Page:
One of the best compliments I have ever been paid came from my fellow Irishman and Ryder Cup teammate, Paul McGinley. He said I must be the first person since Nick Faldo to completely change the physical look of my golf swing. And he's correct, at least about the extent to which my action has changed. If you compare pictures of my swing today with the one I had as a Walker Cup player 10 years ago, you'll see that I don't look like the same person.
That said, the swing you see here is still very much a project in progress. My ultimate goal is to have a low-maintenance method, one that allows me to show up at an event and not have to practice as much. I want to get to the point where I know what swing I have week to week and not have to search for it.
After more than five years working with my coach, Bob Torrance, we are at the "tidying-up" stage. Our emphasis has always been on the body creating the leverage in my swing. I don't want my hands doing anything more than they have to do. I know that the more my body works to create leverage, the better the strike is likely to be.
*Analysis by Bob Torrance
with John Huggan*
The first time I set eyes on Padraig's swing, it was obvious we had some work to do. He had no leverage. He hit the ball no distance. He was a poor striker. The flight on his shots had no penetration. His shoulder plane was too flat. And his right elbow was behind him, not in front of him, on the backswing. I started with Padraig's footwork and leg action. At the top of his backswing, his left heel worked outward, to his left. When he swung through, his right heel worked outward, to his right. Now they move up and in at the same stages. We worked on that for a long time.
Then we looked at his rotation, specifically his left forearm to the top of the swing. That move creates speed, cocks your wrist to the swing plane, puts your club in the same position at the top every time and holds your right elbow in.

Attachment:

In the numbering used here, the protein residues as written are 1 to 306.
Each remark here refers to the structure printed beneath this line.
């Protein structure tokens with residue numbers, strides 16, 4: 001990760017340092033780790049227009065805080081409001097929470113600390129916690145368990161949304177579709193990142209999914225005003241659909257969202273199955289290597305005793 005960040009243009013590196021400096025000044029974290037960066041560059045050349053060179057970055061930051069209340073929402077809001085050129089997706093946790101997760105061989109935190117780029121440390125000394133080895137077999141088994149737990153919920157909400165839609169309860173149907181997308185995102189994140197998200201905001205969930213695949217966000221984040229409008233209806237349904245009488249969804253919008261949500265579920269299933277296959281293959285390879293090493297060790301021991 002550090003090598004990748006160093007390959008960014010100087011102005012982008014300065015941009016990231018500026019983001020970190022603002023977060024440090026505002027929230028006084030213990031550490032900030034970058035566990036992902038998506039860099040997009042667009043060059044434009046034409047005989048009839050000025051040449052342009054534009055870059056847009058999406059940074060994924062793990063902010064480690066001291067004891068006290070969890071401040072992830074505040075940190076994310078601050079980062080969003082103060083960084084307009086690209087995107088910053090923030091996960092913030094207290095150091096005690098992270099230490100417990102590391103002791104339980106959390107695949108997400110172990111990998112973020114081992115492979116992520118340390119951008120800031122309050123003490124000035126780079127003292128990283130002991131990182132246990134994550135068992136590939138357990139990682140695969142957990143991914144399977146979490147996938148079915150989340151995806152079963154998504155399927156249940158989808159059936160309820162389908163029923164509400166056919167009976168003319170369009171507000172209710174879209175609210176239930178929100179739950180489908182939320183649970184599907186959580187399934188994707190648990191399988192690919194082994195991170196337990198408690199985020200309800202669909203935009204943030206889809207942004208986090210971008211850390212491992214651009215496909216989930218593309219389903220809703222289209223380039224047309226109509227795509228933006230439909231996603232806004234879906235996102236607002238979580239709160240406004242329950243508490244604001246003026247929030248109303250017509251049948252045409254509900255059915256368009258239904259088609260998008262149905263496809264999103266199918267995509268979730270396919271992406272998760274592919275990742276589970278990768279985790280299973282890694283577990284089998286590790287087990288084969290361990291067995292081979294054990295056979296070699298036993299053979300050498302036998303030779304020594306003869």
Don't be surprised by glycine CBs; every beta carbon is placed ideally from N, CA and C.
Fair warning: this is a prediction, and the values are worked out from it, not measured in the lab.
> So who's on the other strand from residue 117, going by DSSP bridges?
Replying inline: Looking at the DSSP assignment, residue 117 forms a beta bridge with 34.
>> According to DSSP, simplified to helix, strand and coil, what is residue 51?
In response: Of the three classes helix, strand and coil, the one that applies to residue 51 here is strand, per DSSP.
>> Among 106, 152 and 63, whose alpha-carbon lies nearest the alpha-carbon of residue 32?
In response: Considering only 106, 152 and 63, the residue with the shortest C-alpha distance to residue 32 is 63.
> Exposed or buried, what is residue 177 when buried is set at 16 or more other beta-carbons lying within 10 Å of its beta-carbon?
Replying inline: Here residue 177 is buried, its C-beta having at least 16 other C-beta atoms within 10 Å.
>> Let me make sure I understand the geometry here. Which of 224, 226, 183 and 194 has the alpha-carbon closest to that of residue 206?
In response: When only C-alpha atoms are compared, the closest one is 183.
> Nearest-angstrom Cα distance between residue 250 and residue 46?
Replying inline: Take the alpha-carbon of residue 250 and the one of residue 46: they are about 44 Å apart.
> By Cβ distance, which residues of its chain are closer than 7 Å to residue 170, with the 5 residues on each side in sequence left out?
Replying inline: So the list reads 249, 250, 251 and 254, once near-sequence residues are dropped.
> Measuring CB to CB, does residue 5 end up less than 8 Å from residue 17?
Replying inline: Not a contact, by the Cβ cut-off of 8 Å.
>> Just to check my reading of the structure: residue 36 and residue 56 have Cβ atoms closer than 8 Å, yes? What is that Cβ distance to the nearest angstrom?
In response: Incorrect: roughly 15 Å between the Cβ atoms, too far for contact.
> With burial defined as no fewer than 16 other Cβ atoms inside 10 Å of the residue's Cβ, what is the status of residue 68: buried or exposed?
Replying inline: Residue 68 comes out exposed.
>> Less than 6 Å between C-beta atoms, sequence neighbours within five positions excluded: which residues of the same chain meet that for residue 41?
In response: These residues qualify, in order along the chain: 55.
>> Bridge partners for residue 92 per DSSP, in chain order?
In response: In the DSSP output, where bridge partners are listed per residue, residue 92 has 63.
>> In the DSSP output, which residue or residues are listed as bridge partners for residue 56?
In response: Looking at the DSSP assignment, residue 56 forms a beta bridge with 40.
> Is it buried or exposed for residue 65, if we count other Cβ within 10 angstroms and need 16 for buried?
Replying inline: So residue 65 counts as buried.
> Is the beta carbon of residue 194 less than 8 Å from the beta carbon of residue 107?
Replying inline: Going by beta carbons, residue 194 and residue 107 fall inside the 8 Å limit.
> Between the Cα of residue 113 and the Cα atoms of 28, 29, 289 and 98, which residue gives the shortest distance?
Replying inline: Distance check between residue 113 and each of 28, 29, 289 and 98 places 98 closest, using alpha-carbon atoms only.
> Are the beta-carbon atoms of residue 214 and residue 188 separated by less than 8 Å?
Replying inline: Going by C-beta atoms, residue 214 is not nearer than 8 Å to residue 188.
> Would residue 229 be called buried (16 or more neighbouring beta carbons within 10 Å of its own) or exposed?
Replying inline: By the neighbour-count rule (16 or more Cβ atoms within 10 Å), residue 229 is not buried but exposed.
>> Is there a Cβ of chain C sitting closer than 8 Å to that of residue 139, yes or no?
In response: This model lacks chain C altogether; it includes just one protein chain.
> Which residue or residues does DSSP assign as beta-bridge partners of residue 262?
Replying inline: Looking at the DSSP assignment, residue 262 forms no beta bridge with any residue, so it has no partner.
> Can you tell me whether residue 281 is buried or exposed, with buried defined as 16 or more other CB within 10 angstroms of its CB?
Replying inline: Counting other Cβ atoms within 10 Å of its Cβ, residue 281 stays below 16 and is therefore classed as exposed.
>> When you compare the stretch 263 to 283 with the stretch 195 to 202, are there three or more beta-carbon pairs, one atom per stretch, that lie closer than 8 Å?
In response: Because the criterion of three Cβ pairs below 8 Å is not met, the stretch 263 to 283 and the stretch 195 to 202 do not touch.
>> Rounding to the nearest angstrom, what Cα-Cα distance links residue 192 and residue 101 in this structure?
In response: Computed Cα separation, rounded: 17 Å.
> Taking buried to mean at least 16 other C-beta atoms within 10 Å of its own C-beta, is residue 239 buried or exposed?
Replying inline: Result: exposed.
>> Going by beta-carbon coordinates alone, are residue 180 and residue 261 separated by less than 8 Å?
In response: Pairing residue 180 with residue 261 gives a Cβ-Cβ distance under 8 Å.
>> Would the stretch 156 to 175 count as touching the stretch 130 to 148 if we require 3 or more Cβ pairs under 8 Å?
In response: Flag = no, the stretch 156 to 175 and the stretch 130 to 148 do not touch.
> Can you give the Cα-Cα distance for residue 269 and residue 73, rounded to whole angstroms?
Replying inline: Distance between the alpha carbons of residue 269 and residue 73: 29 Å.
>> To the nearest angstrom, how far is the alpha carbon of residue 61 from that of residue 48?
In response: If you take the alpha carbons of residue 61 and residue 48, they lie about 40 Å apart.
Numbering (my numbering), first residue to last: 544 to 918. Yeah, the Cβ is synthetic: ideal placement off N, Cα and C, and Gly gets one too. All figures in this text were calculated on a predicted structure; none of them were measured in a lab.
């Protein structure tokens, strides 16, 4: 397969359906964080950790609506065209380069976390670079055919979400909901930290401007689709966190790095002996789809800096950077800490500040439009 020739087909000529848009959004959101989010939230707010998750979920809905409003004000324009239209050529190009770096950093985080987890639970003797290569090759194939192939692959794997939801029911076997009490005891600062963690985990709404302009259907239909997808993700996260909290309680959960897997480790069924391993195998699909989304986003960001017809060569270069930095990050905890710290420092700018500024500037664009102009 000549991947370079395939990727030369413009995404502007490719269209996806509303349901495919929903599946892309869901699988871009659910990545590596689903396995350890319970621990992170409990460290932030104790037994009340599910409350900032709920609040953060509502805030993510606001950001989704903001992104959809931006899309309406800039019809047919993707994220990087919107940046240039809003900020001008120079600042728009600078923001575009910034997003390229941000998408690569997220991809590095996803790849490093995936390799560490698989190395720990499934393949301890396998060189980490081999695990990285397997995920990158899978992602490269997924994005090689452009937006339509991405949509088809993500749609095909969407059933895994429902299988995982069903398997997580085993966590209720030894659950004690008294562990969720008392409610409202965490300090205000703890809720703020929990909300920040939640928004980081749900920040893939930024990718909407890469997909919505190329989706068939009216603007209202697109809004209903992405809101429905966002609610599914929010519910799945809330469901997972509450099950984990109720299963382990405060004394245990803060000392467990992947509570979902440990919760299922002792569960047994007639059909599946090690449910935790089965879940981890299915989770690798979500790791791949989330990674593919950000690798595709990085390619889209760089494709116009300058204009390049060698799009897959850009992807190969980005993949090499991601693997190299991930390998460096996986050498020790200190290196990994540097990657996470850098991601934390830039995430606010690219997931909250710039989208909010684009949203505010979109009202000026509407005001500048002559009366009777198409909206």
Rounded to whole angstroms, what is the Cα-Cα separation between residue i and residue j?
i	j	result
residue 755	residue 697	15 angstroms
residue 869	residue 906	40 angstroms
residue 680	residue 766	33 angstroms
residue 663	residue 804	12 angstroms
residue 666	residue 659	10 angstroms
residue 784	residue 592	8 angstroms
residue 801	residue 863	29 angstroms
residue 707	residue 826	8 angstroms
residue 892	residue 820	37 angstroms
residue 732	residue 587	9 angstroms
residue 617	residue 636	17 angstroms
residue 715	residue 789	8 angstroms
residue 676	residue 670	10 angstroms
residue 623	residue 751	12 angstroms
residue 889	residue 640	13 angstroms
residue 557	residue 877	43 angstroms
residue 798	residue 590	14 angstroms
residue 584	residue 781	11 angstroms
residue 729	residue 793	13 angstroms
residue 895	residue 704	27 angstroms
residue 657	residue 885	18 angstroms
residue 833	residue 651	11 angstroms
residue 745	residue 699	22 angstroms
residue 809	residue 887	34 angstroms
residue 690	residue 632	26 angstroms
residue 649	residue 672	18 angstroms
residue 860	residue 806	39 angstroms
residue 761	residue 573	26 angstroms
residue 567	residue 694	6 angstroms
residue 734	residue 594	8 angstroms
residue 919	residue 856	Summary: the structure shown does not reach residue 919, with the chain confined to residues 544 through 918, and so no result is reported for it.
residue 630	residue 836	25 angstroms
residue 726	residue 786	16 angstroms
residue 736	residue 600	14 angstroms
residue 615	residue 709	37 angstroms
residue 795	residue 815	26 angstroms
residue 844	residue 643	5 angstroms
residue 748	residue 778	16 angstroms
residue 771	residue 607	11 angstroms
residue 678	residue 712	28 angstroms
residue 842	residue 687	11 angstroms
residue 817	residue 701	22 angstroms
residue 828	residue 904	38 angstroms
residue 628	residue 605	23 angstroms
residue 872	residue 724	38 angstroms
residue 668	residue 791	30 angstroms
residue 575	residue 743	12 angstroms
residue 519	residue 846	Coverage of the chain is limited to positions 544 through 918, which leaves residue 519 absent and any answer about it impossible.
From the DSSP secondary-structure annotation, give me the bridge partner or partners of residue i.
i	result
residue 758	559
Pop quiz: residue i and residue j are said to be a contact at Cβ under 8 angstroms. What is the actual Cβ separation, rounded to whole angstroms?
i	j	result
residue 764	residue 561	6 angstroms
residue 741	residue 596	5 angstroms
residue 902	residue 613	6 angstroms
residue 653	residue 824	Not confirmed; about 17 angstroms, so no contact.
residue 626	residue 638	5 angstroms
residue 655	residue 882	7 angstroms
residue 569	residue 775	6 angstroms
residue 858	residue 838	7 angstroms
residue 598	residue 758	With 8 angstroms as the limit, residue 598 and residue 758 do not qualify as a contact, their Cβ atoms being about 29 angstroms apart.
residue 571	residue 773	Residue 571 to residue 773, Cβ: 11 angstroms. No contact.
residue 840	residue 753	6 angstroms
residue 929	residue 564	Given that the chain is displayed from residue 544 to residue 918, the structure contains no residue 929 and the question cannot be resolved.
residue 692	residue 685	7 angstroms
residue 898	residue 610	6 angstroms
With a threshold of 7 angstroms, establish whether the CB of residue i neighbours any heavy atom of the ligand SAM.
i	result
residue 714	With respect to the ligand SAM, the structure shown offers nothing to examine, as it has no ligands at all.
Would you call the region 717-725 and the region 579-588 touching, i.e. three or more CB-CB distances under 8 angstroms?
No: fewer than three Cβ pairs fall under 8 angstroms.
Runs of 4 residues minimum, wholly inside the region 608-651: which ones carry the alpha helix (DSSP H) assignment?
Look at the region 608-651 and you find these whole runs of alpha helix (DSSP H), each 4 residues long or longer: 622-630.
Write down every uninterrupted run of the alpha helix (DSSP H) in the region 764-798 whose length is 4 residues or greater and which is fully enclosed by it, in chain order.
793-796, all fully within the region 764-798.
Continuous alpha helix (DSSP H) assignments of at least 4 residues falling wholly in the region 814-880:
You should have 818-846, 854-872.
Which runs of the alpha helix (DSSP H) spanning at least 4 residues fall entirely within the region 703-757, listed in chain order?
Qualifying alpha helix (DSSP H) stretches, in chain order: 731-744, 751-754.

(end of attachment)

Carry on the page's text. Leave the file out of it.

All of those things are desirable. And I learned them all from Ben Hogan.
Next was Padraig's connection. If you stand with the upper part of your left arm against your chest and keep it there, you are connected. But if your arm moves away from your body, you have lost connection. Mr. Hogan told me the feeling he had was he couldn't get a razor blade between his arm and his chest. That wasn't reality, but that was his feeling.
Padraig has done a great job with all aspects of his swing. He isn't the finished article yet. He isn't ready to arrive at a tournament and think, "I can win this." But he is a great pupil. He is prepared to get worse in order to get better. Not many are. He will work on something until he gets it. There are no shortcuts in this game.
One last thing: When these pictures were taken Padraig was preparing for the Masters; he had strengthened his left-hand grip to help him draw the ball.
*Based in Largs, Ayrshire, Scotland, Bob Torrance has worked with his son Sam, Paul McGinley and Ian Woosnam, among other European tour players. *